As we sailed back at around 4:00 p.m., the wind was behind us. The tide was with us also, so with only the jib on, we arrived back quickly. I find tides to be fascinating movements. Rachel Carson’s chapter on "Tides" in her book, The Sea Around Us (1951), provides an eloquent description of tides and their connections with the moon, currents, flora and fauna in the sea, and yes, sailboat movements. In 1962, she published, Silent Spring, where way ahead of her time, she denounced the future impact of industrial waste. Industry and government, with the help of prominent male scientists accused her as a crackpot, a modern day witch-hunt. If we had only listened. Now Rachel Carson (1907-1964) is revered as a great writer, ecologist, and scientist (see picture below). She has more books, though I highly recommend the two I mention. They are very well written, which makes for enjoyable reading, and they are still informative.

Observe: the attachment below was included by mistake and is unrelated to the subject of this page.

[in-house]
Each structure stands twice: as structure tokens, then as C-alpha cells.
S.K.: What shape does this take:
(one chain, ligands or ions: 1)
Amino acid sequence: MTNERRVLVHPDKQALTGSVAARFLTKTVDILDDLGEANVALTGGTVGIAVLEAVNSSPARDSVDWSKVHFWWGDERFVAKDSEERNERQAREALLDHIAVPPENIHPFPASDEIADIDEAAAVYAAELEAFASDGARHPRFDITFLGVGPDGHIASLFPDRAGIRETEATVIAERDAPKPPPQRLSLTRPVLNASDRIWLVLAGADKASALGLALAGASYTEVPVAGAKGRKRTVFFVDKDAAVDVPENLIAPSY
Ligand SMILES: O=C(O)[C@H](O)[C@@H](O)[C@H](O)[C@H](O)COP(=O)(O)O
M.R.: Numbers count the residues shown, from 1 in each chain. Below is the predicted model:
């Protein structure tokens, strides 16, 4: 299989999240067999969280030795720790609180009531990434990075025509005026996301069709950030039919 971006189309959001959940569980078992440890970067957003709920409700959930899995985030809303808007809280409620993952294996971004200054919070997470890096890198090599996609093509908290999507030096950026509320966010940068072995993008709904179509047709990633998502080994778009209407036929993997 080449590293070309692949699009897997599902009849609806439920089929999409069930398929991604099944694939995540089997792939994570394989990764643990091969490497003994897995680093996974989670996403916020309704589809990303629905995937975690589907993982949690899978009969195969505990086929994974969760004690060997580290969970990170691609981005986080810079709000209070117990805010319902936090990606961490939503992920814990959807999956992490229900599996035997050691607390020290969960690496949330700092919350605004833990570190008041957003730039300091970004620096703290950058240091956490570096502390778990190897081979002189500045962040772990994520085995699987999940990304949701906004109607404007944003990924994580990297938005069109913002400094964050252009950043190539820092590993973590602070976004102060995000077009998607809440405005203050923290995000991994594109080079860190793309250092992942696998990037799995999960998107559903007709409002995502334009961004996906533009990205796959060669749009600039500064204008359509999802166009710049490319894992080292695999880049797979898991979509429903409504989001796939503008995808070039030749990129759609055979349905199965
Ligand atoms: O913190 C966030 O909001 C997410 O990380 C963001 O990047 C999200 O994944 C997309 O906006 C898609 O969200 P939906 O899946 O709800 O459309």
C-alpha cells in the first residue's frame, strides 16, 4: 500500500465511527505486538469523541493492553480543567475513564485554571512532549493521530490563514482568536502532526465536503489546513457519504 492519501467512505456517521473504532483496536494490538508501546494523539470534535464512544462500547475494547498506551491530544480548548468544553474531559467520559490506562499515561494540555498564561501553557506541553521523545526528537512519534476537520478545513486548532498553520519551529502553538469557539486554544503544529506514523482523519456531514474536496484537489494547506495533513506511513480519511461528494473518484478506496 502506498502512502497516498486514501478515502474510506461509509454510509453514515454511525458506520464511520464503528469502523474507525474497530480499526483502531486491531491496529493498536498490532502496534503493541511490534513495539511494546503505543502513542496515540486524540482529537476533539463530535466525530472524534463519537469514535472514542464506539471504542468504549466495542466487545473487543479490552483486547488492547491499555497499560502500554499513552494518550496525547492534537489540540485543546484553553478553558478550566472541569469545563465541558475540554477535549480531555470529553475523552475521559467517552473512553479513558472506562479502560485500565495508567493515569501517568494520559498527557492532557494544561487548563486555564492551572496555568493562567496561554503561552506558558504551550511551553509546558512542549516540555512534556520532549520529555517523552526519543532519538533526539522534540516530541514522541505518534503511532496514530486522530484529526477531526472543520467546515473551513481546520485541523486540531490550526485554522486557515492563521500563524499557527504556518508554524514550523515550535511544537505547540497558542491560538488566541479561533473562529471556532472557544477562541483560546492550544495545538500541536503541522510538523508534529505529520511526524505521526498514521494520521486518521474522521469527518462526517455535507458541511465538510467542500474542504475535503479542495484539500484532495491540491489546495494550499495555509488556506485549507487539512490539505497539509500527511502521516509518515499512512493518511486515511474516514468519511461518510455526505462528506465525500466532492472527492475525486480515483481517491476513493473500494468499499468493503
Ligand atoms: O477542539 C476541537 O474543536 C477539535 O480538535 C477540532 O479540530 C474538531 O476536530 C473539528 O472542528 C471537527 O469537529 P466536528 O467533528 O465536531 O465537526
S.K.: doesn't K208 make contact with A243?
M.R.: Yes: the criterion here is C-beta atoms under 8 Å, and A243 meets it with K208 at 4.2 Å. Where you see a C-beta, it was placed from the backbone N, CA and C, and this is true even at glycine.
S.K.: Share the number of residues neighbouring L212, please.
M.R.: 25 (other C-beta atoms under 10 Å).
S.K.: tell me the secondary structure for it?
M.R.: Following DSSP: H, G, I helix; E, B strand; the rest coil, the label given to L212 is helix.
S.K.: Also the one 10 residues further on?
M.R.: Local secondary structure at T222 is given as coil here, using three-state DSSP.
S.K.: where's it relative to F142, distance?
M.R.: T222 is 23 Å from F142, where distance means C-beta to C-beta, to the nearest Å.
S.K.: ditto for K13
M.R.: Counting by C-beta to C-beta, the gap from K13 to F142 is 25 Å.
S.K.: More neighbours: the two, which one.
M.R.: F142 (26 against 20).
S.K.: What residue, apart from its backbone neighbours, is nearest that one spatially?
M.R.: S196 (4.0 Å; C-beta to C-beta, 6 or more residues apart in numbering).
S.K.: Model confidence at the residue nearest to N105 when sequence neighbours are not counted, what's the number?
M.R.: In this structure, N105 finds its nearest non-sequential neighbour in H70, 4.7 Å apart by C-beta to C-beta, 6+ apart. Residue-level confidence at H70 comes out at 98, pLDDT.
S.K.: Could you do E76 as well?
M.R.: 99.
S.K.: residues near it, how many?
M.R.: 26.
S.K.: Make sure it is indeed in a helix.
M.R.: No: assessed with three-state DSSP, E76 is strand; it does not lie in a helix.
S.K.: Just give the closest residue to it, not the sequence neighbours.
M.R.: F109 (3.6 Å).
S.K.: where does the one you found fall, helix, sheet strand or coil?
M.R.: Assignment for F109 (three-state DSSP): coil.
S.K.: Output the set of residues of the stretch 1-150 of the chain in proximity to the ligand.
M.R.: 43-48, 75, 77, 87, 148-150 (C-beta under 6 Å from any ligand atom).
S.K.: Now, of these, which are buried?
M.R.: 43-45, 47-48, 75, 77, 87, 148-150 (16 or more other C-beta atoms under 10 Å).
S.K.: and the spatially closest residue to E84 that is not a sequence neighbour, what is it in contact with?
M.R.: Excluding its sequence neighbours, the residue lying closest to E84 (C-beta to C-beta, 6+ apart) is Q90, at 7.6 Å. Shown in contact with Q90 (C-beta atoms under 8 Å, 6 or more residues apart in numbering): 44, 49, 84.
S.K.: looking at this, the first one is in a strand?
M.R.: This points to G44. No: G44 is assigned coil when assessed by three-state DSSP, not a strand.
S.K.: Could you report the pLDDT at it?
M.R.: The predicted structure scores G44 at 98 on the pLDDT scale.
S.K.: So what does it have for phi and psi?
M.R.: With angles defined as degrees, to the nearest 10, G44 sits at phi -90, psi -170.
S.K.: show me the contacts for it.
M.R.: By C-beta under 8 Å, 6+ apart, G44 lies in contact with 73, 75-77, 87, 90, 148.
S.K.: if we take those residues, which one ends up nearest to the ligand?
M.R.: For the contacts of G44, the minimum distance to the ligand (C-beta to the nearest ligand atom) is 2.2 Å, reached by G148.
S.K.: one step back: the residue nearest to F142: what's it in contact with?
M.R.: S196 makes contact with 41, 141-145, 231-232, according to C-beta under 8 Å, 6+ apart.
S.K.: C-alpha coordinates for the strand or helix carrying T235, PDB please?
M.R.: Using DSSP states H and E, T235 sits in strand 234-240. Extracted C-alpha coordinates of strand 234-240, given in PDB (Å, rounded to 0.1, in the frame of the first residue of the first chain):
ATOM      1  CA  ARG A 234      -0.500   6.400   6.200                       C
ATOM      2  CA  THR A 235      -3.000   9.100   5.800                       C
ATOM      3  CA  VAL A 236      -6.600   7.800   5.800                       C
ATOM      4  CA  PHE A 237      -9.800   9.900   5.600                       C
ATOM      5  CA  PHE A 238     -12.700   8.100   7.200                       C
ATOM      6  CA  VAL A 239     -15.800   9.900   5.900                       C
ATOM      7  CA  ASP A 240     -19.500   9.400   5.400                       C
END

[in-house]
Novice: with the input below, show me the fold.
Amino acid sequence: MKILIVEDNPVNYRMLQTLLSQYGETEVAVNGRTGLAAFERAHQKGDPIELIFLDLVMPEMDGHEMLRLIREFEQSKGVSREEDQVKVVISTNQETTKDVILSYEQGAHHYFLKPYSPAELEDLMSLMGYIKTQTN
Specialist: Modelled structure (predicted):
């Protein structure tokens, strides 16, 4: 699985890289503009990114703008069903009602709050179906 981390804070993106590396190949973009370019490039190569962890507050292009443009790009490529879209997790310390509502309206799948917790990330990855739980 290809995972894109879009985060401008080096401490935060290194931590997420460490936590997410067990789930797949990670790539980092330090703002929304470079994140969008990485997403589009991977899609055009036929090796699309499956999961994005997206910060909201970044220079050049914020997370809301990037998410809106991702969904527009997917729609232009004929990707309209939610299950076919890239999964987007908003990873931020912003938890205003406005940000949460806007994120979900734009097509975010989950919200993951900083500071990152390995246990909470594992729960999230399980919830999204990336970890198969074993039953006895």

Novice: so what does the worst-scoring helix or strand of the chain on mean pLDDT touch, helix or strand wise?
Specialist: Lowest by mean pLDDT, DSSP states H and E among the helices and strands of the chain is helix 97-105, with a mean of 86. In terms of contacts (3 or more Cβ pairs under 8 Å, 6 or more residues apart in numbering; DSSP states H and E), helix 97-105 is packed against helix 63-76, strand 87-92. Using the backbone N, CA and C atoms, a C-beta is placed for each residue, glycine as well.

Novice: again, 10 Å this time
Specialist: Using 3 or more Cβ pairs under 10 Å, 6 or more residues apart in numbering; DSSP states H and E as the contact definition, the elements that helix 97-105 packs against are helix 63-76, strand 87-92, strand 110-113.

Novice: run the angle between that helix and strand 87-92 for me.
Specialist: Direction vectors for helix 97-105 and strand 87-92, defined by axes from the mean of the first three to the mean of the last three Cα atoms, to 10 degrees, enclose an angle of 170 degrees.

Tides are like the planet Earth’s breathing in and out. Tides in the tropics are smaller than at higher latitudes. They usually average one foot high or low. No dramatic Bay of Fundy here. The tropical tides on the east side of Puerto Rico are easy to follow. They ebb north and flood south. If one looks at the current, without consulting a tides table, it is possible to determine the tide. We flooded right into the marina with the tide. Freedom!